What to Do if You Can’t Afford Your Car Payment

Quick Answer

If you're worried about missing a car payment, contact your lender and request a deferral. Alternatively, you could refinance your auto loan, sell the vehicle, ask family or friends for help, increase your income or voluntarily surrender the car.

A woman sitting in a coffee shop holding her credit card, going over credit card payments on her laptop.

Not being able to afford your car payment can be a stressful experience. In addition to the prospect of losing your mode of transportation, your credit score may also suffer, making it more difficult to find affordable financing in the future.

If you're concerned about falling behind on car payments, here are seven steps you can take to get some relief and hopefully avoid some of the negative consequences of missing a payment.

1. Contact Your Lender

It might not seem like the best idea to let your lender know that your financial situation is a bit shaky. But because vehicle repossession is usually the most time- and resource-intensive route when payments are missed, many lenders are willing to work with borrowers to get their payments under control.

The sooner you get in touch, the more options your lender may be able to offer. Here are a couple of minor requests you can start with:

  • Change in due date: If your payday has changed or you simply need another week or two each month to make the cash available, a new due date may be the right move.
  • Payment schedule modification: To keep you from defaulting, your lender may be willing to create a payment plan that suits your needs. For example, it could extend your loan term so your monthly payments are lower, break your payments into smaller biweekly chunks or let you pay off missed payments over time.

Heads up that these options might come with fees and could cause you to accrue more interest than you otherwise would. Ask your lender about these potential ramifications, and get updates in writing to avoid future confusion.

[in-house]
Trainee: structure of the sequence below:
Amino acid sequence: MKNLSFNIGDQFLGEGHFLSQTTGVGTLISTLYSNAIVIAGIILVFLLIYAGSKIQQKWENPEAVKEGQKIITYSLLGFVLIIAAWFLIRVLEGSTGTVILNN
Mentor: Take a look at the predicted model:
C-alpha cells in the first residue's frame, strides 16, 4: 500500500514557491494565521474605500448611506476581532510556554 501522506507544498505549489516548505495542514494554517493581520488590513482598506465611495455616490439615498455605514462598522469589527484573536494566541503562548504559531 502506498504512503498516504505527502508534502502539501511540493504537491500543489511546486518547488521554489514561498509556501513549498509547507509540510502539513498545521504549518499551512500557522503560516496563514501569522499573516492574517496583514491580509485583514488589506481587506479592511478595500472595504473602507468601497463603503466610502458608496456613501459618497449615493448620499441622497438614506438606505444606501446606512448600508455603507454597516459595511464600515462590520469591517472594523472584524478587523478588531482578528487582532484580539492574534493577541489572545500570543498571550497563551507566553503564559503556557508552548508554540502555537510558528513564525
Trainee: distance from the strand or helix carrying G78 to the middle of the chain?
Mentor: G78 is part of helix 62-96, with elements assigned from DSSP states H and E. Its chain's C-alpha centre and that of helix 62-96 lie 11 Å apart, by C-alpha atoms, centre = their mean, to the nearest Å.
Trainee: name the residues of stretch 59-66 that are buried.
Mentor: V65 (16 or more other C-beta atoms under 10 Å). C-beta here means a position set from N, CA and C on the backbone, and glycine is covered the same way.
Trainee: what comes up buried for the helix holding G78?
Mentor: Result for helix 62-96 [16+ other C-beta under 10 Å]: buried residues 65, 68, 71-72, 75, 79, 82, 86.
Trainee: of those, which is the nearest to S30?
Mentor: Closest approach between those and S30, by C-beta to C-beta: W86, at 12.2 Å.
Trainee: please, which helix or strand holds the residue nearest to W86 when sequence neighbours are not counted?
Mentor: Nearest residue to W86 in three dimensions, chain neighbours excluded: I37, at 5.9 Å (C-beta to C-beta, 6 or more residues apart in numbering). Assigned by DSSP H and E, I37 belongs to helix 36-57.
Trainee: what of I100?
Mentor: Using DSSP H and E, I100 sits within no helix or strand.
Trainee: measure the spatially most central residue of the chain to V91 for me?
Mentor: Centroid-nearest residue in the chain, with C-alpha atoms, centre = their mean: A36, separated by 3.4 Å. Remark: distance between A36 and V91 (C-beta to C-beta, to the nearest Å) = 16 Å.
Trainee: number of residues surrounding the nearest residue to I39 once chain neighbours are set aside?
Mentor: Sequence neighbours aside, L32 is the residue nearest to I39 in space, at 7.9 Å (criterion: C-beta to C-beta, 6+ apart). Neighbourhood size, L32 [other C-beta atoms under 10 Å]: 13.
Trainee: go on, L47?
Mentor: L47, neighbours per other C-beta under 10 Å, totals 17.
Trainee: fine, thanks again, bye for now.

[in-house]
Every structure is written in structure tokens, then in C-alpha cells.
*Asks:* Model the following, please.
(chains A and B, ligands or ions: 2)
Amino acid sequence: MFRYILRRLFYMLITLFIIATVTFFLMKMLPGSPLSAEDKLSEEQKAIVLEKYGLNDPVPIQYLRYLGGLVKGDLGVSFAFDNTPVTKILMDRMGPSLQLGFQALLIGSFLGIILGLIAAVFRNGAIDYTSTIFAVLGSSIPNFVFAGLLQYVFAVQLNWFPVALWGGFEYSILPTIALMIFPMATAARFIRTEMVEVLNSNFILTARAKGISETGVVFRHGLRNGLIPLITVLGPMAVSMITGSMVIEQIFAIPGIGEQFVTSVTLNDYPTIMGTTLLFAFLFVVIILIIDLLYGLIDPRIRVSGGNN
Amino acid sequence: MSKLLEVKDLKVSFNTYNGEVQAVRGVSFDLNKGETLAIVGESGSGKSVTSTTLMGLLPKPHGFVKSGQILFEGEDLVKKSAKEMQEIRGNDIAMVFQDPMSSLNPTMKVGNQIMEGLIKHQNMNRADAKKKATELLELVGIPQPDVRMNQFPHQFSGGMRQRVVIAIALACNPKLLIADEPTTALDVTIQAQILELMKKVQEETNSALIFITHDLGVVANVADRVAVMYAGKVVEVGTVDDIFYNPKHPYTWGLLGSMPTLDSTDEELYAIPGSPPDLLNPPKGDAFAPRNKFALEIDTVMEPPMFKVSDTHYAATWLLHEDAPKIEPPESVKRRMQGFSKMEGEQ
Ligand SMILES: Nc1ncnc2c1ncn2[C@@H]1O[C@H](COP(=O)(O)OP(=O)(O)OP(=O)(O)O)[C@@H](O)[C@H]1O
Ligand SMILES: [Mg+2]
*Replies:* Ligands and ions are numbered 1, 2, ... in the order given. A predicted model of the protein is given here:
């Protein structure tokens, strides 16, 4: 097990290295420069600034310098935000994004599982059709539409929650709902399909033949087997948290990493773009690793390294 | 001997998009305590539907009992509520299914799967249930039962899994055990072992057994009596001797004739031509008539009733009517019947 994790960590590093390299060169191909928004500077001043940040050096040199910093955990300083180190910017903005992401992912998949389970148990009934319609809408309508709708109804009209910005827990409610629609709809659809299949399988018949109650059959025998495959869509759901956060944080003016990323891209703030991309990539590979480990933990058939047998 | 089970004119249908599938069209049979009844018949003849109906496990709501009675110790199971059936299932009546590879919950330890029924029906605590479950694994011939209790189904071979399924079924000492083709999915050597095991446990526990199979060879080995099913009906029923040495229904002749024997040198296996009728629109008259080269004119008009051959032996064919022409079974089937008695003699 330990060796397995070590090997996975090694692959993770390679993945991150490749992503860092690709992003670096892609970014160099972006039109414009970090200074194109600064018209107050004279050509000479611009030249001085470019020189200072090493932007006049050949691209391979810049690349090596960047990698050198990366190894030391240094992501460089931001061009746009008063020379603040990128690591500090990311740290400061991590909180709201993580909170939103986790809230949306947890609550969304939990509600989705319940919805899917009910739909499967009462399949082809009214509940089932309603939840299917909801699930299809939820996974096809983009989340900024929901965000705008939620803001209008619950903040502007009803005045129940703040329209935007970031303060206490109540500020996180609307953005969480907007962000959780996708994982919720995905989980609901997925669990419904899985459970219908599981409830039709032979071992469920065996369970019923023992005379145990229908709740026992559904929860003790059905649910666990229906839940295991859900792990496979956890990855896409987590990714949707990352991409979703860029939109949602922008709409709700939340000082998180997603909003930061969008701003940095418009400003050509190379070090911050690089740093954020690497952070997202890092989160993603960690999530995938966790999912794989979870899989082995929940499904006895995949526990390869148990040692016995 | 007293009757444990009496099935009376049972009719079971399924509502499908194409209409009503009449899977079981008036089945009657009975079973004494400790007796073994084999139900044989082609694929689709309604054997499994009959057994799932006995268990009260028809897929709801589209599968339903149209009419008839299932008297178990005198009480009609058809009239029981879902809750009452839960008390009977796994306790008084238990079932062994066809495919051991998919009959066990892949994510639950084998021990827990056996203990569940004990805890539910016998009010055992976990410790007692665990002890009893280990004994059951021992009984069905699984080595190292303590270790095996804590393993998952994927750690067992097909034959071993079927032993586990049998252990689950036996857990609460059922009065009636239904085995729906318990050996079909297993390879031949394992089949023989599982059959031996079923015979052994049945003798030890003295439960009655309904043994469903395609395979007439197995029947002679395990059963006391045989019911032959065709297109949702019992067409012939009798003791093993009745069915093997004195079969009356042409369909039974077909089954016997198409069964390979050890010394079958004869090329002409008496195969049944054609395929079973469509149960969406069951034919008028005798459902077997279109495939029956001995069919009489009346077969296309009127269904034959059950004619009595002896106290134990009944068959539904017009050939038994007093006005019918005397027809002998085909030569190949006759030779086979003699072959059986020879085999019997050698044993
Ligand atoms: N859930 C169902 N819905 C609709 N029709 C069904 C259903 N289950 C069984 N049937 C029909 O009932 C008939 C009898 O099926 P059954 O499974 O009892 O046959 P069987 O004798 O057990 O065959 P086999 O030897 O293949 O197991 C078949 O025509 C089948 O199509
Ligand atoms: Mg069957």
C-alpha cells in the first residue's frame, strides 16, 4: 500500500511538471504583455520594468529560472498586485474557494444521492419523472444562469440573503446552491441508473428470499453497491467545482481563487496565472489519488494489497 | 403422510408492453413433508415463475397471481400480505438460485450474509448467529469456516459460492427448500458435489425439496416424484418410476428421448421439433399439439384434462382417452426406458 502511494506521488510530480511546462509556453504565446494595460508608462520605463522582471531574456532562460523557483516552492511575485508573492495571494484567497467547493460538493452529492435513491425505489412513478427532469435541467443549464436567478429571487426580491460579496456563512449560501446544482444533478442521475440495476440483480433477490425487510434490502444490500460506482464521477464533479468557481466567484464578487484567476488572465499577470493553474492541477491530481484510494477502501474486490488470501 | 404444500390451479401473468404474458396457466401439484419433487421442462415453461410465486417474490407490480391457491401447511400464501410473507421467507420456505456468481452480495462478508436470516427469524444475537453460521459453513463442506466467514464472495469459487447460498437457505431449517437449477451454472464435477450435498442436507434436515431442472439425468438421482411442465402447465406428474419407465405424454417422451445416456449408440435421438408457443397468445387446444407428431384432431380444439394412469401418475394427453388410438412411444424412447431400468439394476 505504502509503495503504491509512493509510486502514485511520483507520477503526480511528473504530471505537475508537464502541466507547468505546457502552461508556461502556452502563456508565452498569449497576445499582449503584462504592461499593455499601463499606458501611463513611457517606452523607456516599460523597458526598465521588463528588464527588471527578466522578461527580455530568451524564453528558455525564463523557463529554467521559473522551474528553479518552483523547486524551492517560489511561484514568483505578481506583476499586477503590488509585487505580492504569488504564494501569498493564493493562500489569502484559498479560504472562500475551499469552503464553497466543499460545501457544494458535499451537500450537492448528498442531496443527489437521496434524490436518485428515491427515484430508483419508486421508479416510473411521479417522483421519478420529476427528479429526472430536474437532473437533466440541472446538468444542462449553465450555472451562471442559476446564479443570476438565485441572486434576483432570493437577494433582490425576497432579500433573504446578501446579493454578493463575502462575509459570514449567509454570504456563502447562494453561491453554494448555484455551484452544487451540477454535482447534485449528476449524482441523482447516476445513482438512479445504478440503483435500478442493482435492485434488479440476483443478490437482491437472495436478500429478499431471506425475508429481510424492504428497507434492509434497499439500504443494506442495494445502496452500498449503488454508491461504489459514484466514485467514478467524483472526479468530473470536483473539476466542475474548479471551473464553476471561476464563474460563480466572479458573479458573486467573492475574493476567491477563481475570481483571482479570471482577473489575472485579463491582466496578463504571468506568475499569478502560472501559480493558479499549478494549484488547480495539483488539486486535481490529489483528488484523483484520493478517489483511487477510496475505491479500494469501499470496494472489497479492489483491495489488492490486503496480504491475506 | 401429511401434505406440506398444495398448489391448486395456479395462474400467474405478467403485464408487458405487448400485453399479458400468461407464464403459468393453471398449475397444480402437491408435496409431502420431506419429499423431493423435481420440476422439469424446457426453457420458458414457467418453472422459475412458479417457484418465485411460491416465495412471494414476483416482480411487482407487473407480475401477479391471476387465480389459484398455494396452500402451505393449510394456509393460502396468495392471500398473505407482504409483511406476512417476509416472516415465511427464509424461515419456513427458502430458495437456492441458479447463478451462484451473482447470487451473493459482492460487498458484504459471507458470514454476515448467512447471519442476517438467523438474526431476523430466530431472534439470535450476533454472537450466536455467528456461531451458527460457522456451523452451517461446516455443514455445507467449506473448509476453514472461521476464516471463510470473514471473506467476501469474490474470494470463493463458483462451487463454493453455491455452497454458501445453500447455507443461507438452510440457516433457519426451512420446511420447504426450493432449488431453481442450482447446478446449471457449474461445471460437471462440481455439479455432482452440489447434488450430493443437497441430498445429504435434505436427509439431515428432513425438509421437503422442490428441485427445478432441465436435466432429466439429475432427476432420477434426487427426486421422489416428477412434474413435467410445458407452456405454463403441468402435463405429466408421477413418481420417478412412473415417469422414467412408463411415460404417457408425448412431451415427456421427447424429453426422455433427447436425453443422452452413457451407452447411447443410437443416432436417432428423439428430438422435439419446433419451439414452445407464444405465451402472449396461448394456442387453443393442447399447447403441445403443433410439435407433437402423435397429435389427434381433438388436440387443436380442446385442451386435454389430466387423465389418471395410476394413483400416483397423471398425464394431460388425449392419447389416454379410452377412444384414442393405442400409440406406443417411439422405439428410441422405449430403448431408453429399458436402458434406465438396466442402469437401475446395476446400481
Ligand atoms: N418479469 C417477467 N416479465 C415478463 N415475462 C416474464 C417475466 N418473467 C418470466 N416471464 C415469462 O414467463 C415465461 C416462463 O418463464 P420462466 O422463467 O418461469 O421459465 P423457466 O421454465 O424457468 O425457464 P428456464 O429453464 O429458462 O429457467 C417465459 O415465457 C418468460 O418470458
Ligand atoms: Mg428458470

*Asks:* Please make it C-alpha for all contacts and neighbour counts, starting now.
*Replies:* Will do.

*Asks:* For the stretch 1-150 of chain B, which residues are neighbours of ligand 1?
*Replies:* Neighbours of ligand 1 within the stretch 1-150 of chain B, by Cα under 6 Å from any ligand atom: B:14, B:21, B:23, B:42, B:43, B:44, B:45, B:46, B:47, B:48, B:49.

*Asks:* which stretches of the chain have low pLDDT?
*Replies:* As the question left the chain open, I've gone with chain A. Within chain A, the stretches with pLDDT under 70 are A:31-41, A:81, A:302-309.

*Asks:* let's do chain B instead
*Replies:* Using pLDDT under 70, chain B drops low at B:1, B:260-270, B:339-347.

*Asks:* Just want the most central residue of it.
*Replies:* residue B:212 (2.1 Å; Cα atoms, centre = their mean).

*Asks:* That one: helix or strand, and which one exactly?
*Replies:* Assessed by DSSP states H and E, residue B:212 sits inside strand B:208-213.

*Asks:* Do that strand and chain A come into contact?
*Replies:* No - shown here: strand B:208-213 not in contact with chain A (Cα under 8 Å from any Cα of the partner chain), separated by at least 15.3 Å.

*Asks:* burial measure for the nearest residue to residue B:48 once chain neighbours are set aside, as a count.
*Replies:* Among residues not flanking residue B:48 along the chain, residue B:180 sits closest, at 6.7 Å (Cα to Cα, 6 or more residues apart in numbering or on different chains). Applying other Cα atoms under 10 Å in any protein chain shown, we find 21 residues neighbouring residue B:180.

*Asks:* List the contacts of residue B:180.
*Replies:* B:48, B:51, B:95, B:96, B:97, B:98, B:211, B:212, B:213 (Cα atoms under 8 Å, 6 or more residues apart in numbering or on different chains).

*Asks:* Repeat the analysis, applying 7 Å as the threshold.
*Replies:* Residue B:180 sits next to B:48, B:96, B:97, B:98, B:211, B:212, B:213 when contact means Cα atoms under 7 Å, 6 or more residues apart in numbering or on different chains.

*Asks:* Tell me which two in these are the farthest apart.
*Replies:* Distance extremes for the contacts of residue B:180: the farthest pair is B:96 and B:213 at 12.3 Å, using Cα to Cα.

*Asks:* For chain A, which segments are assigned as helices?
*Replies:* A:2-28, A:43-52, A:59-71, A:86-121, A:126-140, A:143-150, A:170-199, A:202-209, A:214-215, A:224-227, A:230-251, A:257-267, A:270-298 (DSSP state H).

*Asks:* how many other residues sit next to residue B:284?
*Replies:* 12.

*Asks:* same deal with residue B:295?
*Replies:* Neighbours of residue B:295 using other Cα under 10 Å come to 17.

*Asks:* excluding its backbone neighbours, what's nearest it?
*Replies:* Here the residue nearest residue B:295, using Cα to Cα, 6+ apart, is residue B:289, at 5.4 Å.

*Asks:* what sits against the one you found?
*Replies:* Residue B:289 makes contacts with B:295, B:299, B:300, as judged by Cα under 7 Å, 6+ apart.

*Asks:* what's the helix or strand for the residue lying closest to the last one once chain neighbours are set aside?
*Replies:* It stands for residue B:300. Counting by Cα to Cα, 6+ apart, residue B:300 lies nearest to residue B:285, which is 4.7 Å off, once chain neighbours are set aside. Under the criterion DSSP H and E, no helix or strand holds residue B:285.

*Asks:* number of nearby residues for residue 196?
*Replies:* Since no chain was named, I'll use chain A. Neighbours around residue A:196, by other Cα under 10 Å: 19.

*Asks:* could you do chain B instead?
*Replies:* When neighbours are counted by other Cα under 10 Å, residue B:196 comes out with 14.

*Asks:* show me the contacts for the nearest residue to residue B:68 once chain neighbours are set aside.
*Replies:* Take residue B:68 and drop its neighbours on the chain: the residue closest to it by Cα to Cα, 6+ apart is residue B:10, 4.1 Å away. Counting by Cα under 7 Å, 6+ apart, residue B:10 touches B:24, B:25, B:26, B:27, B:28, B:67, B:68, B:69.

2. Request a Deferral

If you're experiencing financial hardship and a minor adjustment isn't going to suffice, you can also ask your lender about deferring your car payment. If approved, this will allow you to skip a small number of payments without penalties or fees.

Every auto lender has different rules and requirements when it comes to deferring payments. Some allow you to defer your entire payment, while others require you to keep paying interest. Some may also limit the number of times you can request a deferral or even prohibit deferrals entirely if you're already behind on your bills. Check with your lender to understand your options.

Keep in mind, though, that your lender will simply tack deferred payments onto the end of your loan, so you'll end up paying interest on your loan for longer. That said, it can be much better than losing your car to repossession.

3. Refinance Your Car Loan

If you have good credit and owe less than what your car is worth, refinancing your car loan could provide some long-term relief. Refinancing involves replacing your current loan with a new one, often with a different lender.

Depending on your situation, you may be able to get a loan with a longer repayment term than what you have left on your current term, which can help reduce your monthly payments. For example, if you have 24 months left on your auto loan, you could refinance with a 36-month loan.

Just keep in mind that extending your loan will typically result in more total interest charges. Additionally, some lenders may charge a penalty for paying off your loan early. But again, all that can be worth it to avoid repossession and damage to your credit.

4. Trade In or Sell Your Vehicle